When it came time to choose a profession, Desrues trained as an épicier, a grocer who specialized in the sale of spices. Yet there was more in his store than cinnamon and cardamom. In old-regime France, grocers in general and épiciers in particular doubled as druggists—their scales weighed anise and arsenic alike. As part of his job, Desrues handled lethal substances on a regular basis, and he knew how to use them if ever he needed to.

With patience and practice, apprentice became master. By 1770, he had opened his own shop in Paris, making him a member of the burgeoning bourgeoisie.

This poor orphan had come a long way, and in 1772, he entered another world altogether. That year, like other affluent, middle-class men who craved social advancement, he married into the nobility. His fiancée, Marie-Louise, hailed from the blue-blooded Nicolai clan, an honorable household. Within a year or two of their marriage, the couple welcomed a son and daughter into their family. Flush with cash and perhaps wary of rearing the kids in the city, the Desrues resolved to leave Paris for the countryside.

The Sweet Deal

In May 1775, Desrues hit upon his dream home. He and his wife had recently befriended the owner of the property, the aristocratic Saint-Faust de la Motte. Monsieur de la Motte had made up his mind to sell his country estate and move back to the big city. To that end, he granted his wife power of attorney and tasked her with finding a buyer for the house. When Desrues learned of the sale, he expressed interest and journeyed to the property with his wife and children so they could see it for themselves.

Known as Buison-Souef, the sumptuous manor house stood about a mile from the southern Parisian suburb of Villeneuve-le-Roi. One side of the dwelling overlooked the vineyards along the Yonne river while the other consisted of gardens and parkland. Here, the Desrues could rusticate in style. Invited by their hosts to stay for an extended period, Desrues passed the summer and autumn of 1775 at Buison-Souef, negotiating the sale and palling around with the de la Mottes. Desrues was pious and endlessly charming, qualities his hosts appreciated in him. According to contemporary accounts of this say, the épicier often played the entertainer, even dressing as a woman for after-dinner drag shows.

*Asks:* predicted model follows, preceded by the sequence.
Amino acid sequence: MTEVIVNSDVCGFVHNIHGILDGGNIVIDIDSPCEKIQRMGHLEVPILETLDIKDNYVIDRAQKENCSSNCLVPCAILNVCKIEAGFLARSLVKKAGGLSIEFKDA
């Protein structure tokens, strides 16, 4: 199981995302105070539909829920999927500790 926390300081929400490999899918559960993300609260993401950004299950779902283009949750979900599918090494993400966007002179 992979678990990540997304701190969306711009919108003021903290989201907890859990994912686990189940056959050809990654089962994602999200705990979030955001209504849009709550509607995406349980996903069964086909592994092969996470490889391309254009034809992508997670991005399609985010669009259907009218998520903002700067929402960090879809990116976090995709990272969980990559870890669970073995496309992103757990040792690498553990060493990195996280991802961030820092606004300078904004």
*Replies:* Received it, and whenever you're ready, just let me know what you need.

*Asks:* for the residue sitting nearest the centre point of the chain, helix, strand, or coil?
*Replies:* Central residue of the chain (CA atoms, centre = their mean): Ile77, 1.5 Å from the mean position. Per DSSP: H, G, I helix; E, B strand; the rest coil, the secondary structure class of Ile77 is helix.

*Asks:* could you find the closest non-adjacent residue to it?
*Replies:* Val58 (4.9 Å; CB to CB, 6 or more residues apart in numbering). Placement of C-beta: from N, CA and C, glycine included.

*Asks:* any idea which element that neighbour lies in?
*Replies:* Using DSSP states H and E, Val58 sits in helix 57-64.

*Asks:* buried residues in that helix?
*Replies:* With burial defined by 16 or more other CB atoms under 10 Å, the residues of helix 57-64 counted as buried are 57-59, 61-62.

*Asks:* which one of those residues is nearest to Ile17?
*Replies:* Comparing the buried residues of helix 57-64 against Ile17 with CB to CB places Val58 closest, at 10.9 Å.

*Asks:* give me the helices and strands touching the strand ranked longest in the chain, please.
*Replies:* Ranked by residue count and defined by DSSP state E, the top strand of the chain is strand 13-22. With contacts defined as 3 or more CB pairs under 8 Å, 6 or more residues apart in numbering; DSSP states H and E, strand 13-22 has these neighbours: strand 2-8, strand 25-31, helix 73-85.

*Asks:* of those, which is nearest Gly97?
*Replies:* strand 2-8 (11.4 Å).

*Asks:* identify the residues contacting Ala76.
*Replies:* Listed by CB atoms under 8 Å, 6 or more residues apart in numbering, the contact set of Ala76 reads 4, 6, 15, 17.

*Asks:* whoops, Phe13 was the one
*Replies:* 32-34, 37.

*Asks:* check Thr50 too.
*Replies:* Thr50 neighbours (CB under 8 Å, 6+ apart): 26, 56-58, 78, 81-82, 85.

At last, in December, Desrues finalized the terms of the sale. He agreed to a price of 130,000 livres for Buison-Souef, to be paid in installments. The first—a payment of 12,000 livres—was due to de la Motte upon the signing of the contracts. As a show of good faith, Desrues handed over a promissory note for an additional 4,200 livres, due April 1, 1776.

Desrues is Through

Desrues gave Monsieur and Madame de la Motte his every assurance that he was good for the money. And why should they have doubted him? He was a prosperous business owner who had married well. There was just one problem: none of that was true.

In actual fact, Desrues was broke. He had opened his own grocery in Paris, but the enterprise had foundered since the beginning. Waist-deep in debt, he supplemented his income by becoming a moneylender. He fared little better in this line of work than he had as a grocer. It wasn’t for lack of clientele—men of noble rank who had gambled and drunk themselves halfway into debtors’ prison often came to Desrues for loans. The trouble is spendthrifts tend to forget or ignore their debts. Soon, Derues was borrowing money only to lend to borrowers who would never repay him.

But what about his wife? Wasn’t she a Nicolai? Yeah, that was a lie, too—there wasn’t a drop of noble blood in her body. In truth, Desrues’s spouse was not Marie-Louise Nicolai (spelled N-I-C-O-L-A-I) but rather Marie-Louise Nicolais (spelled N-I-C-O-L-A-I-S). That pesky “s” at the end of her name was all that separated this daughter of an ordinary artilleryman from a descendent of an exalted line, at least on paper. When Desrues married Marie-Louise Nicolais, he reportedly blotted out that make-or-break last letter on the marriage certificate, passing her off as a Nicolai.

By the time Desrues signed the dotted line for Buison-Souef, he couldn’t cross the street without bumping into a creditor. It was time to get out of Paris. But escaping moneylenders was only one of his goals—if that was all Desrues wanted, he could have lived anywhere outside the capital. The truth was that Desrues did not want to live just anywhere—he set his sights on Buison-Souef. He desired the life of a gentleman, whether he could afford to live it or not.

The Horrible Host

Spring turned to summer turned to fall turned to winter, without Derues’s paying so much as a sou. By December 1776, one full year after reaching their terms, Monsieur de la Motte puzzled over what might be afoot. Not yet suspicious though certainly perplexed, he sent his wife to Paris to check up on the buyer. Madame dela Motte packed her bags and rode to the capital, accompanied by the couple’s teenaged son, Edouard.

When Desrues became aware of her trip, he returned the de la Motte’s hospitality of the previous year and invited the lady to stay with him and his family. His guest arrived on December 16, and before long, she had settled in at chateau Desrues, catching up with friends and enjoying the city in the daytime while her generous host wined and dined her after sundown. Anticipating an extended stay, Edouard enrolled at a private school in a neighboring street.

Desrues perceived an opportunity. Madame de la Motte still had power of attorney over the estate, and he had easy access to her food. The spice merchant hatched a plan that would get him and his family into Buison-Souef gratis.